Maths, Queuing and Heart Patients

2013 is International Year of Mathematics, also known as the Mathematics of Planet Earth. To mark the year Our Changing World will be playing a number of maths-related stories during the year, and we kick off with a story about a statistician and heart patients.

Auckland HospitalWhen Auckland City Hospital (left) was experiencing a cancellation rate for cardiac surgery that was approaching 30% the staff decided to ask a mathematician for help. University of Auckland statistician Ilze Ziedins is an expert in queuing theory and probability who often works in areas such as telecommunications and traffic, and she jumped at the chance to collaborate on a problem that involved people. Ilze and two of her graduate students, William Chen and Kim Frew, set out to develop a mathematical model of the Cardiavascular Intensive Care Unit using R, a statistical environment and programming language initially developed at the Ujiversity of Auckland by Ross Ihaka, and Robert Gentleman. The model took real-life data, and investigated different staffing and resourcing scenarios, and as a result was able to confirm what hospital staff had suspected – that the Cardiac Intensive Care Unit was the bottleneck that was creating problems. The model was also able to suggest an optimal staffing regime that took into account the irregular arrival of people in the unit, either from the operating theatre or as the result of an emergency. As a result ICU director Andrew Kee and other team members were able to allocate more staff and reduce the cancellation rate to about 10%.

Alison Ballance heads to Auckland City Hospital to meet Ilze Ziedins and Cardiovascular Services Manager Pam Freeman, and find out more about the collaboration.


Nanoindentation Dickinson

At the University of Auckland, Michelle Dickinson (above) runs the Nano-Mechanical Research laboratory where diamonds are being used to indent samples at the nano-scale, to test the mechanical properties of a whole range of materials from biological cells to miniatuarised devices.

Since the 1800s, the relative hardness of materials has been measured using a simple scratch test. With advances in technology, these indentation tests can be done on very tiny objects. The diamond tips used in indentation tests are different shapes and sizes depending on the samples being tested and how much pressure is applied. For example, the strength of bone can be tested to see how healthy it is and determine the effects of osteoporosis, and mineralised sea creatures such as sea urchins can be tested to see how they are impacted by ocean acidification. The diamond tips that are used can also be specially designed so they can test biological materials in fluid, for example, brain cells.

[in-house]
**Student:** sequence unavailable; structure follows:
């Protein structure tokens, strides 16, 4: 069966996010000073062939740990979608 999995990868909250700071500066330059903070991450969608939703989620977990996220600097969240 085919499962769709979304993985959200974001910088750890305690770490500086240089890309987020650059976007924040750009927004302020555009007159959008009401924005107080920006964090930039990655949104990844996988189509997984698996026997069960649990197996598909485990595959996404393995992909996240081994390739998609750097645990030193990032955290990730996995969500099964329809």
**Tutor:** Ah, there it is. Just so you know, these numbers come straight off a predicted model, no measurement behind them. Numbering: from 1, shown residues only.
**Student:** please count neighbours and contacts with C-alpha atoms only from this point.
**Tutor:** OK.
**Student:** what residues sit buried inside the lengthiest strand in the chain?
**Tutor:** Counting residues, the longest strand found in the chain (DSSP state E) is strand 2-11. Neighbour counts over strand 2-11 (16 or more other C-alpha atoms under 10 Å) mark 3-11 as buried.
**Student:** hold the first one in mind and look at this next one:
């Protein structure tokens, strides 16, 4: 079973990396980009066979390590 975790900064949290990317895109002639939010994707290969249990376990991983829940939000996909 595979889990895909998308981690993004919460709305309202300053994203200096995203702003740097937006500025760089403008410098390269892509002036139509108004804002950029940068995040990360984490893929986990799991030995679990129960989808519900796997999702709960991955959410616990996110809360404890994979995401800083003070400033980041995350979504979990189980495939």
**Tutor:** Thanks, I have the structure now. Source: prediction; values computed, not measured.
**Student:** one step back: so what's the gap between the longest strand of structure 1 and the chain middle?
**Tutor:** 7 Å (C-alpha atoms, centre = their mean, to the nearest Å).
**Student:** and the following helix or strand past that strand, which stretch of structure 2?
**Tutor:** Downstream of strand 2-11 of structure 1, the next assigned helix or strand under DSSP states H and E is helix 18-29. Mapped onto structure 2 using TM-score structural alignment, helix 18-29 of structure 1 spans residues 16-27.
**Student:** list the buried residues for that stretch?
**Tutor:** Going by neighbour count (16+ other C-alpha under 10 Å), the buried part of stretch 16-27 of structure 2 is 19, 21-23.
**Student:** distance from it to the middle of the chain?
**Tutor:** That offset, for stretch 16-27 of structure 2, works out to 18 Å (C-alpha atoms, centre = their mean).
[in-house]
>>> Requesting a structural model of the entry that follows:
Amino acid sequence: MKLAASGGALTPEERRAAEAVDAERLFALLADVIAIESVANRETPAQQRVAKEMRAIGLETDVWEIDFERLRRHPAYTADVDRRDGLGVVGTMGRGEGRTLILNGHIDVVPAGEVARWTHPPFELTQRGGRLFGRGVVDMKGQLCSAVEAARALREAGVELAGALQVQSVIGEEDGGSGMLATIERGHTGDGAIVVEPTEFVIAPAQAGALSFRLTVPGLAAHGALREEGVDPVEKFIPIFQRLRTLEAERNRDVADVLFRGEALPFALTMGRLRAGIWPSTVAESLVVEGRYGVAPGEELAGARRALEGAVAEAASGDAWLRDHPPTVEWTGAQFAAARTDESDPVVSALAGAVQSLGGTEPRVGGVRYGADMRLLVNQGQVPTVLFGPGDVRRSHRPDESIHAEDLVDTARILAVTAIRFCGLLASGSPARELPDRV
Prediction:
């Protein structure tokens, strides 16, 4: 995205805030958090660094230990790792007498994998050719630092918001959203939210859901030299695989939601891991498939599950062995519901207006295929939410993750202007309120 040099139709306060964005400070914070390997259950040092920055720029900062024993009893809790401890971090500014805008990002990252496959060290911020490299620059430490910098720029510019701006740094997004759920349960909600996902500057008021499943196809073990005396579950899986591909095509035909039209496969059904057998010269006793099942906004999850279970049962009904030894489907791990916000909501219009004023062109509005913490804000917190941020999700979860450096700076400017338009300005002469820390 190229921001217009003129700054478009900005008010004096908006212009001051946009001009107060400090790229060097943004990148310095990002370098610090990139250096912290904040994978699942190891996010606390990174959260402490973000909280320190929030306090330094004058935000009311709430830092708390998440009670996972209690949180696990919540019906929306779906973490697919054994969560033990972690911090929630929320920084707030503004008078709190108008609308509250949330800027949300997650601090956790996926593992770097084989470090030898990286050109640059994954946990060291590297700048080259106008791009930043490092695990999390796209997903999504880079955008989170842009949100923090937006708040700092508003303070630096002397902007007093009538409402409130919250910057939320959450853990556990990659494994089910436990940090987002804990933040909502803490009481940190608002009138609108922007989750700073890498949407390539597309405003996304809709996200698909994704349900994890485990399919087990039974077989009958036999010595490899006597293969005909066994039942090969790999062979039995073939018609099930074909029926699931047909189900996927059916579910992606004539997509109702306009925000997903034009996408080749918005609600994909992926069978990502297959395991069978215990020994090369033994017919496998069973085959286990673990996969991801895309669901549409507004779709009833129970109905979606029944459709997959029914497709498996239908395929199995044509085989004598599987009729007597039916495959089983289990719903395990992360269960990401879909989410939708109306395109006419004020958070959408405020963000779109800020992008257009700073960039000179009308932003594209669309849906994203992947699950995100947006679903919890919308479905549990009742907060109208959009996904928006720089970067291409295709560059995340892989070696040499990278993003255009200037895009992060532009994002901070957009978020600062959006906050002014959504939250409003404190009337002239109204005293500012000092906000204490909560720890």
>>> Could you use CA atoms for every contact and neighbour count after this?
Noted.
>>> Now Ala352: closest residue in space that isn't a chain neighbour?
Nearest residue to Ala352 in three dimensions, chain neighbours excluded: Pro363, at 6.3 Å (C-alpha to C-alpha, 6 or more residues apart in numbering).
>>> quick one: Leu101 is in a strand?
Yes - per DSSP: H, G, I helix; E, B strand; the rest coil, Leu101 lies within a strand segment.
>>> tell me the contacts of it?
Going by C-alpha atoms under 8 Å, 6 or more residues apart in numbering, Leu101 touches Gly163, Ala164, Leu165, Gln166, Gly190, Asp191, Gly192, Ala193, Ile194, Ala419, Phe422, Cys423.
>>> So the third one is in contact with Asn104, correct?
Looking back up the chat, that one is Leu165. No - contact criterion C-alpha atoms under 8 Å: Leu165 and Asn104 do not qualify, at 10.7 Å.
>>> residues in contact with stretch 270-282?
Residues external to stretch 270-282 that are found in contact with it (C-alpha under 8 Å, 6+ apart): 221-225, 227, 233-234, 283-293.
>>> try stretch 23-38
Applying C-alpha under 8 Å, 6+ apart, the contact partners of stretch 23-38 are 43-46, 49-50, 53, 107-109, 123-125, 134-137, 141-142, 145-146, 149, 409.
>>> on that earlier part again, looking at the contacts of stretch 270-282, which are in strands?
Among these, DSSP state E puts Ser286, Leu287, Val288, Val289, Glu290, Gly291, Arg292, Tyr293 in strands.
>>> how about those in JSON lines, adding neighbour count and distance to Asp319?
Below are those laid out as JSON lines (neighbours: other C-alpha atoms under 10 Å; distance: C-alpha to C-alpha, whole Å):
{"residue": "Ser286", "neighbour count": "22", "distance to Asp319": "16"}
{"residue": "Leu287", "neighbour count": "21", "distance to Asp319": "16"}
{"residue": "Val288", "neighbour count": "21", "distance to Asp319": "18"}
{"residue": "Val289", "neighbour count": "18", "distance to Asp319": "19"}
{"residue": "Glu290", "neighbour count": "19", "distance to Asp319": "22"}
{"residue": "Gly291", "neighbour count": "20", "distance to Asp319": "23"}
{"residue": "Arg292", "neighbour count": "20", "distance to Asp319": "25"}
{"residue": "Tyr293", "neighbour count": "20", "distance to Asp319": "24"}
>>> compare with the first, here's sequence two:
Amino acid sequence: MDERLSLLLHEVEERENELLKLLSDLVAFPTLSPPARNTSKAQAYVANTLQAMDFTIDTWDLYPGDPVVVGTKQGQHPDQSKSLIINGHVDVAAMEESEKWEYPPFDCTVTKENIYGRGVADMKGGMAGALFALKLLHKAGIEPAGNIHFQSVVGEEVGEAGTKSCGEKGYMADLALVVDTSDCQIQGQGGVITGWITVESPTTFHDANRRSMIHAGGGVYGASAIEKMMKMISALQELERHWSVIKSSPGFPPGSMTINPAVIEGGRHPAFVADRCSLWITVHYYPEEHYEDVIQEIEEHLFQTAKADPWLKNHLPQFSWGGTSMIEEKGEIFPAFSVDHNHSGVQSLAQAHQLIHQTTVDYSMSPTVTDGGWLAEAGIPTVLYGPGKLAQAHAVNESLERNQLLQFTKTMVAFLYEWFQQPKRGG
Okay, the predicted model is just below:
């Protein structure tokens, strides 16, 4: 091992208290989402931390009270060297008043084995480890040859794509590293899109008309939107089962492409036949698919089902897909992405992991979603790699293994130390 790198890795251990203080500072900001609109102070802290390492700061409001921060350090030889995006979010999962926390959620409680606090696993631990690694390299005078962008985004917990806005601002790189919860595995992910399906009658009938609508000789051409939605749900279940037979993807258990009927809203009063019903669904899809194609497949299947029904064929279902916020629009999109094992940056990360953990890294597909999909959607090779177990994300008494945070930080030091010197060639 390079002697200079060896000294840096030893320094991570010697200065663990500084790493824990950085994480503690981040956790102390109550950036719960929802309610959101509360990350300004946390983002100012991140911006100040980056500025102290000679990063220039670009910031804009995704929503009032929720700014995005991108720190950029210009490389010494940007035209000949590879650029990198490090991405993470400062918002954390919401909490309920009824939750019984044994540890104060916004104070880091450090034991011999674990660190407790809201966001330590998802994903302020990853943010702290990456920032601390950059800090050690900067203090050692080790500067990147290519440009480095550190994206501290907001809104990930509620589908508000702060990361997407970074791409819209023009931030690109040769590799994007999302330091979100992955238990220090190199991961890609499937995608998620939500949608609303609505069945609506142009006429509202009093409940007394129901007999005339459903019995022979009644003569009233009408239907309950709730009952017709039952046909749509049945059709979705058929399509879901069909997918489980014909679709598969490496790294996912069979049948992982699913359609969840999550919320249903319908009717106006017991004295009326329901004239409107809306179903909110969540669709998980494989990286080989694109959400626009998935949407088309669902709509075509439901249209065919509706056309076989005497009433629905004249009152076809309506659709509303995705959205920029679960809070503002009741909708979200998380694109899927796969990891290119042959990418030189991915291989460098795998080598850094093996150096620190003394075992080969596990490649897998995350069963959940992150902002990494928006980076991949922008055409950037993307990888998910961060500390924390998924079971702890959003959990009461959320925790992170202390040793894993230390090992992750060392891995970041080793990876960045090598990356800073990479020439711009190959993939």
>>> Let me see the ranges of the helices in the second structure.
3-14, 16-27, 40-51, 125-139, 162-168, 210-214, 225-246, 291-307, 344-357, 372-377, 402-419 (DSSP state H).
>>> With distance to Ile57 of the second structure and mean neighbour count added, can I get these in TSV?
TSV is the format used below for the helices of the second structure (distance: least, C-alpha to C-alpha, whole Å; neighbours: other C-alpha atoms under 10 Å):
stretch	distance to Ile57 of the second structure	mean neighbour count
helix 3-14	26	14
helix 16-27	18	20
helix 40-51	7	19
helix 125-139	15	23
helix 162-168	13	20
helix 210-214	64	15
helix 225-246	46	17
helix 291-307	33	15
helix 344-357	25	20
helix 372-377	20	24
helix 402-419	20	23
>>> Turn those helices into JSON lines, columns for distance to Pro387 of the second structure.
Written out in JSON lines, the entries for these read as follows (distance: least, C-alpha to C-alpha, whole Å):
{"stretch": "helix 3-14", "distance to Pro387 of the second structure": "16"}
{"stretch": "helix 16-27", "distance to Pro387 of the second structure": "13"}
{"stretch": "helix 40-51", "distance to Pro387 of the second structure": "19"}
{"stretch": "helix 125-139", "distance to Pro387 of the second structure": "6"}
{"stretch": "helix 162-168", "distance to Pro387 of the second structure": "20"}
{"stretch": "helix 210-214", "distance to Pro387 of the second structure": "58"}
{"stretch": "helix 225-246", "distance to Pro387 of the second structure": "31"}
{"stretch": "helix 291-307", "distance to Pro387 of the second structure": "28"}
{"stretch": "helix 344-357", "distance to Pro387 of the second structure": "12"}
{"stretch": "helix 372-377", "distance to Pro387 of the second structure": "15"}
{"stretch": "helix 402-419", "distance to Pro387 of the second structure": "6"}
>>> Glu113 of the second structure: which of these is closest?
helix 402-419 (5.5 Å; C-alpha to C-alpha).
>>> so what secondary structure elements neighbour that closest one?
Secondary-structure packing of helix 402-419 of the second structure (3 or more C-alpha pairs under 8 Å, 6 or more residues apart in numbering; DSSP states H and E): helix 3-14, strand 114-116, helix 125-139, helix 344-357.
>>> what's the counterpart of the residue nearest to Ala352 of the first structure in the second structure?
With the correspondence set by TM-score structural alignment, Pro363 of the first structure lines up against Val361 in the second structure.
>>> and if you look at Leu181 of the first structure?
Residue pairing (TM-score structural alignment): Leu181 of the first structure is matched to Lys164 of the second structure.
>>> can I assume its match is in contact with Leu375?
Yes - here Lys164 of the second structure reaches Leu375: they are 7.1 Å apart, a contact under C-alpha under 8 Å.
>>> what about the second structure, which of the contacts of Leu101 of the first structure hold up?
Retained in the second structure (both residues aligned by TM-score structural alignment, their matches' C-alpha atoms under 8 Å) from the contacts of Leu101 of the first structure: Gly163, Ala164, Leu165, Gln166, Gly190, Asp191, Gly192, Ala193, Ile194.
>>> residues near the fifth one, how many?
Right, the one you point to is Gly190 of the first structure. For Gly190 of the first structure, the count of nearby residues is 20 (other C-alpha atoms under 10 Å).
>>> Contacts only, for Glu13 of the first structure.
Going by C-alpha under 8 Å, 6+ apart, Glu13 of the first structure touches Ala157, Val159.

Ruth Beran visits the Nano-Mechanical Research laboratory to see some nanoindentation.

Managing Our Oceans

New Zealand lays claim to an area of ocean more than 20 times its landmass, the fourth largest Exclusive Economic Zone of any nation. Ninety-six per cent of New Zealand territory is under water and the management of our marine resources and habitats is a balancing act between use and protection.

Earlier this month, Te Papa hosted the first in a series of Getting Down to Earth debates, which focused on the Kermadec Islands and our role as kaitiaki or guardians of the oceans around us. Three leading thinkers shared their future vision and discussed what they see as the biggest issues in the managament of marine resources and habitats. You'll hear from risk management consultant Mike Patrick, writer and photographer Kennedy Warne and Bronwen Golder, who leads the campaign to protect the seas around the Kermadec Islands.

Full length - Managing our Oceans debate

A debate held at Te Papa about New Zealanders' role as kaitiaki of our oceans, featuring risk management consultant Mike Patrick, writer and photographer Kennedy Warne and Bronwen Golder, who leads the campaign to protect the seas around the Kermadec Islands.

Little Spotted Kiwi and Genetic Diversity

Helen Taylot and little spotted kiwi chick

Helen Taylor holds a little spotted kiwi chick - just a few days old the chick is already foraging on its own at night (image: J. Briggs)

Little spotted kiwi are the smallest of the five kiwi species, and today’s population of 1700-or-so birds are all descended from just five individuals that were translocated to Kapiti Island in the early twentieth century. PhD student Helen Taylor from Victoria University is looking at the effect of this genetic bottleneck on the breeding success of little spotted kiwi, and Alison Ballance joins her for a night-time expedition in the Zealandia sanctuary in central Wellington to collect information from a newly-hatched chick. Helen has a keen team of volunteers helping her, and on this evening she is joined by Bronwen Shepherd and Judy Briggs.

Helen is comparing the genetics and breeding success of birds at Zealandia, which are descended from 40 birds translocated from Kapiti Island, to the population on Long Island in the Marlborough Sounds which is descended from just two birds.

Chick-timer transmitters on the male birds, which incubate the eggs, alert the researchers as to when incubation and hatching have happened – you can listen to Helen explaining the transmitters to Simon Morton in this story from This Way Up.

Andrew Digby from Victoria University has recently completed his PhD on the calls of little spotted kiwi – you can listen to that Our Changing World story here.